There’s a hole in the middle: 4 center solutions for the Washington Wizards

Washington Wizards Thomas Bryant (Photo by Rob Carr/Getty Images)
Washington Wizards Thomas Bryant (Photo by Rob Carr/Getty Images) /
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Washington Wizards Rui Hachimura (Photo by Brian Rothmuller/Icon Sportswire via Getty Images)
Washington Wizards Rui Hachimura (Photo by Brian Rothmuller/Icon Sportswire via Getty Images) /

Rui Hachimura

Hopefully, Wagner’s sprain is nothing serious and he’s back in action within a week. Bryant can return later this month or early January if things go well with his foot.

So maybe the Wizards don’t need to panic and bring a fresh new face to the team. Maybe they need to buckle down and ride it out with what they’ve got. So far, they’ve leaned on an unlikely source when desperate for a center. To his credit, Rui Hachimura has handled his shift to the five quite well.

We first saw Hachimura flirting with the center position against the Clippers in a 150-125 loss. The Wizards were without Wagner for that game and we now know that Bryant wasn’t 100 percent, either. Despite the rout, Hachimura held his own and finished with 30 points and nine rebounds.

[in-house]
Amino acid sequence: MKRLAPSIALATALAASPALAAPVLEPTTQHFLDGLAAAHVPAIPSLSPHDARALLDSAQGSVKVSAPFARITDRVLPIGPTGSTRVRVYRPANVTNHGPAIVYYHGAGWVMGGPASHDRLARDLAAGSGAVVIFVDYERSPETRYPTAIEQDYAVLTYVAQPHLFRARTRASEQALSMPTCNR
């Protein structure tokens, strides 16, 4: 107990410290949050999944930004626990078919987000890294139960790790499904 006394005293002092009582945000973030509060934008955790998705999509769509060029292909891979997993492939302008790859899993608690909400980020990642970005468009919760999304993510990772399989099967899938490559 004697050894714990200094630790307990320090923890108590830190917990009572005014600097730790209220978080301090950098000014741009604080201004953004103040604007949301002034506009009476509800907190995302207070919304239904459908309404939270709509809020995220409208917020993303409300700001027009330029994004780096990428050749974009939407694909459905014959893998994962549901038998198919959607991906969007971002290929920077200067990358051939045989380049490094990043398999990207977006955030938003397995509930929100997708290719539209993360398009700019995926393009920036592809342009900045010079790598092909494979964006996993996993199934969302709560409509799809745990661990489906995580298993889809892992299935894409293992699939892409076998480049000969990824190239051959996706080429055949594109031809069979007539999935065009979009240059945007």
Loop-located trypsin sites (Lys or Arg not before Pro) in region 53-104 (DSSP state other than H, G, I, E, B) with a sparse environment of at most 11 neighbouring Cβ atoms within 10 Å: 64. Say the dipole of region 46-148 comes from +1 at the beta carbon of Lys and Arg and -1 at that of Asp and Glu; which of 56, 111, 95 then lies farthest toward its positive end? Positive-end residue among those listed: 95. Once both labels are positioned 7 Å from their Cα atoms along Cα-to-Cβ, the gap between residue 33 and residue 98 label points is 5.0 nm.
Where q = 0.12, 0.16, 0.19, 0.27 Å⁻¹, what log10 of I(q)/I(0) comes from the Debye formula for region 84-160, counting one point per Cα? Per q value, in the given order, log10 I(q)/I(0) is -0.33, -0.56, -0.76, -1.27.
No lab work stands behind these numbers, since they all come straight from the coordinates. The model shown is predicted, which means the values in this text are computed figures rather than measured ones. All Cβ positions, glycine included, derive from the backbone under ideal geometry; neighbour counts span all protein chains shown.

The very next game, Hachimura was starting at center against the Orlando Magic while Wagner, Bryant, and Ian Mahinmi sat.

Luckily, the Magic were without a star center of their own. Nikola Vucevic is currently rehabbing a sprained ankle and missed this matchup after dominating the Wizards for 30 points and 17 rebounds earlier this season. Things could have been a lot different for Rui had Vucevic been available.

Even without Vucevic, though, the Magic have an extremely long frontcourt. The All-Star wasn’t available but Mo Bamba, Khem Birch, and Jonathan Isaac all were. They all have wingspans of at least 7’0. But Rui was unbothered and held his own on both the offensive and defensive ends.

Next. Rui Hachimura sticks with what he's been doing all year in career-high 30 point game. dark

He might be undersized at the center position, but Hachimura’s athleticism creates some interesting mismatches.  As a screener, Hachimura was often a mismatch rolling to the basket, but also felt comfortable pulling up in the midrange. In his first start as a center, Hachimura recorded the team’s top single-game +/- for the night.

https://twitter.com/WashWizards/status/1202021389227528192?s=20

In two games, Rui has been serviceable as a small-ball center. He’ll only get better with more reps, but hopefully, he won’t be needed there for much longer.